- The BCCSA dismissed complaints against eNCA and Lindsay Dentlinger over the mask saga.
- Dentlinger asked a black politician to put on a mask during an interview, but allegedly did not do the same when interviewing a white politician.
- The BCCSA found there was no indication that Dentlinger’s request advocated racial bias.
The Broadcasting Complaints Commission of South Africa (BCCSA) dismissed complaints against eNCA and its reporter, Lindsay Dentlinger, in relation to the mask-wearing saga.
Dentlinger was accused of showing racial bias after video clips emerged of her conducting interviews outside Parliament during the budget speech.
News24 previously reported she had interviewed FF Plus leader Pieter Groenewald, who was not wearing a mask. When she turned to interview UDM deputy president Nqabayomzi Kwankwa, she asked him to keep on his mask.
It was also reported that the SA Human Rights Commission would be investigating the incident. The BCCSA received dozens of complaints, but only 11 of the complaints met the necessary criteria.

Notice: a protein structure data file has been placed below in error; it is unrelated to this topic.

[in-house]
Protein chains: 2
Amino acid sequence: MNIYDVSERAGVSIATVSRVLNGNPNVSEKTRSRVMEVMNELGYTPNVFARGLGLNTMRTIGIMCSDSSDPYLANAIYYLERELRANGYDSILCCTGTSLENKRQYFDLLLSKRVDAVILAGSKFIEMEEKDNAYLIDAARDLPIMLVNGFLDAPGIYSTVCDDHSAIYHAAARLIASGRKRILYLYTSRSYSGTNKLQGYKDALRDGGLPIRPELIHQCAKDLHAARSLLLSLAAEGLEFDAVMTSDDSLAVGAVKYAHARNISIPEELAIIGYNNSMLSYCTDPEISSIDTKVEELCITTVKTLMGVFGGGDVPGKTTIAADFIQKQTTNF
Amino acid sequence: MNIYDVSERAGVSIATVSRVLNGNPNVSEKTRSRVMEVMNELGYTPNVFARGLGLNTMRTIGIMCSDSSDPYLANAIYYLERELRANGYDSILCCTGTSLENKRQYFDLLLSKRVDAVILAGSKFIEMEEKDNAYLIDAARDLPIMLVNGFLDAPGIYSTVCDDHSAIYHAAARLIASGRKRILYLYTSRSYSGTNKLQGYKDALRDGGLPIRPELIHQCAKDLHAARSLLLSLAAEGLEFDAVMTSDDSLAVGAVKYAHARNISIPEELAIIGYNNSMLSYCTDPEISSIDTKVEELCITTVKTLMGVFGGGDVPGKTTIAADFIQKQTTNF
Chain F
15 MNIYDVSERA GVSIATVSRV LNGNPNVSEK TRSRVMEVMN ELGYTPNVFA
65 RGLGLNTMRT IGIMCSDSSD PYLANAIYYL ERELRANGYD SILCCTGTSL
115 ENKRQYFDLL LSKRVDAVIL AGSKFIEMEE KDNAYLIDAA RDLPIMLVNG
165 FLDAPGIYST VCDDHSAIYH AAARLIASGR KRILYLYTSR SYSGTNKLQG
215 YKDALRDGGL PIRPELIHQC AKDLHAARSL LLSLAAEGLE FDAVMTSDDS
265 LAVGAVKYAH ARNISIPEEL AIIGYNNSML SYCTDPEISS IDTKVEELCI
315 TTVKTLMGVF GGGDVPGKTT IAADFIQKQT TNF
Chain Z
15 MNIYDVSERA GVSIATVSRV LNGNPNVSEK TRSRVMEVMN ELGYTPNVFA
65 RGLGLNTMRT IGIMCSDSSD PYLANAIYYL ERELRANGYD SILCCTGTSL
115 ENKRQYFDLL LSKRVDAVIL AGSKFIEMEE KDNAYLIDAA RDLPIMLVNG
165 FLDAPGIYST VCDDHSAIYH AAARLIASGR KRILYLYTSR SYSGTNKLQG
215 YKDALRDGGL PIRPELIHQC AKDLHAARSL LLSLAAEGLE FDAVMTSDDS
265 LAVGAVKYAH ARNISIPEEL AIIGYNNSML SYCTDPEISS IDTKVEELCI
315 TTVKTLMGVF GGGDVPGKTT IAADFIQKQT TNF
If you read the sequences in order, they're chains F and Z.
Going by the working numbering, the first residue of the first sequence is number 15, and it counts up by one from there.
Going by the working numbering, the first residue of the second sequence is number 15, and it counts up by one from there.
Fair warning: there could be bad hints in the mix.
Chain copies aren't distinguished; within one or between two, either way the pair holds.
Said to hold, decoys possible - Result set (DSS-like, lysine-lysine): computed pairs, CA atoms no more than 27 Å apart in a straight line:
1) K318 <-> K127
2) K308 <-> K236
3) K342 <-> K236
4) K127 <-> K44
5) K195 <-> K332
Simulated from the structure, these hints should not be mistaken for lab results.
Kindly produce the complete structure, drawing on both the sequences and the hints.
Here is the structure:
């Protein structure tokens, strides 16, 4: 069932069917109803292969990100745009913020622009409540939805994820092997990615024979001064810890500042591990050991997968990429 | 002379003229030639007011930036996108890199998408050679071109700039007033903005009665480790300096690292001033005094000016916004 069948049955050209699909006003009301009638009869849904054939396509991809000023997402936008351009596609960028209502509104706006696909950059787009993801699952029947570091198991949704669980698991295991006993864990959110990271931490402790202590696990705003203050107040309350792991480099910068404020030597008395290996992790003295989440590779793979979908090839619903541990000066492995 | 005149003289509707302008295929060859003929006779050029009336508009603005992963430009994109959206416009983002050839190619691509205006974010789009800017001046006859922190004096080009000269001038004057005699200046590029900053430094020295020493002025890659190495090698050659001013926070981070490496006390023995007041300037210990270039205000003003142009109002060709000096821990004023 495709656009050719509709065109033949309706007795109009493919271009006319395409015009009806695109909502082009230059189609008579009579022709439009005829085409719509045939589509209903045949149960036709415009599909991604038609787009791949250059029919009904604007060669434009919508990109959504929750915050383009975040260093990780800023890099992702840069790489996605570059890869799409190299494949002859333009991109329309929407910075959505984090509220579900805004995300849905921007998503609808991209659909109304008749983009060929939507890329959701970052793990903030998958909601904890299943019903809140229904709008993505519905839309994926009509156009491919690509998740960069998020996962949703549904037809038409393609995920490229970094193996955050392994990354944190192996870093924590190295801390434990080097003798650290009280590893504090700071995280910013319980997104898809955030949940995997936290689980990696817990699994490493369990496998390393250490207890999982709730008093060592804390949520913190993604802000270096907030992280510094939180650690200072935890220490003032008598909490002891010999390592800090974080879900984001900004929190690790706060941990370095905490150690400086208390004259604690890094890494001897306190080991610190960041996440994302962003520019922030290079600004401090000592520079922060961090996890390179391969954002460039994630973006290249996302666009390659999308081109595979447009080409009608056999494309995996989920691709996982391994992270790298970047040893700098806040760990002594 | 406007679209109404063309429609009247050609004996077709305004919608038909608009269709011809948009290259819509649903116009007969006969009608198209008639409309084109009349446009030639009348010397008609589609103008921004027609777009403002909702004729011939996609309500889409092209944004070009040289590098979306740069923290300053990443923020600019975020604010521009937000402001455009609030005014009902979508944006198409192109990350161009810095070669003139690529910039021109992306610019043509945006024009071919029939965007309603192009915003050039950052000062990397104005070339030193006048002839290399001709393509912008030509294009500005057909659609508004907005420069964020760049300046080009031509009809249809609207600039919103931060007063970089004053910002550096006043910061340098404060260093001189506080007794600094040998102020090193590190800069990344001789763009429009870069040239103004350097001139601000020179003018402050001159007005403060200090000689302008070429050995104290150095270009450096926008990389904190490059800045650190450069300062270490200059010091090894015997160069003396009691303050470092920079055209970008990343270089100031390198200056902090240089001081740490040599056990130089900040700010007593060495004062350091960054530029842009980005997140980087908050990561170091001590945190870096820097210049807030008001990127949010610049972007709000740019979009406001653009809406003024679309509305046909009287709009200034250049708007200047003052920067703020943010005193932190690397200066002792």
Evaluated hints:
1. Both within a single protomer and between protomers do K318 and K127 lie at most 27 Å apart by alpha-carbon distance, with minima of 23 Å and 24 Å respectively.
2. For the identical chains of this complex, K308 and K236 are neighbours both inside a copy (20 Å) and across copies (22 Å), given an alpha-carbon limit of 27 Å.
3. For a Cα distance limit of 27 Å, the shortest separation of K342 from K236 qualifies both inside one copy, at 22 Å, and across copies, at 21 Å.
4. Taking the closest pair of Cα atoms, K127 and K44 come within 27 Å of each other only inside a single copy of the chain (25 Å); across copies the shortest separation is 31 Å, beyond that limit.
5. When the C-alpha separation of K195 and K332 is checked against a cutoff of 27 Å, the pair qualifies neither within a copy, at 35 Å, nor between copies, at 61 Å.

One of the complainants was the UDM.
In a statement on Friday, eNCA announced that it had received the BCCSA judgment and the complaints had been dismissed.
According to eNCA, the BCCSA found:
- There was no indication the reporter’s request to Kwankwa to keep his mask on advocated hatred based on race against black people.
- While it was clear the broadcast caused offence, as evidenced by the complaints before the BCCSA, the broadcaster did not contravene clause 10.3 of the code (advocates hatred that is based on race, ethnicity, gender or religion and which constitutes incitement to cause harm.)
- The BCCSA recognises past injustices, which have led to sensitivity towards matters that involve race, but the facts of this matter do not justify an inference of the advocacy of hatred against black people.
- After considering all the facts, it was found that eNCA did not contravene the code. The complaints are accordingly not upheld.
Reacting to the findings, the managing director of eNCA, Norman Munzhelele, said that, as a responsible broadcaster, eNCA is governed by the BCCSA’s code of conduct and are satisfied with the judgment.
“eNCA understands how our reporter’s coverage created a space for general public conjecture and are sorry that her behaviour was perceived to be racist and offended viewers,” Munzhelele said.
“However, we reiterate that our internal investigation found, like the BCCSA did, that her conduct was not racially motivated. We remain committed to providing fair and balanced news, irrespective of race, colour or creed.”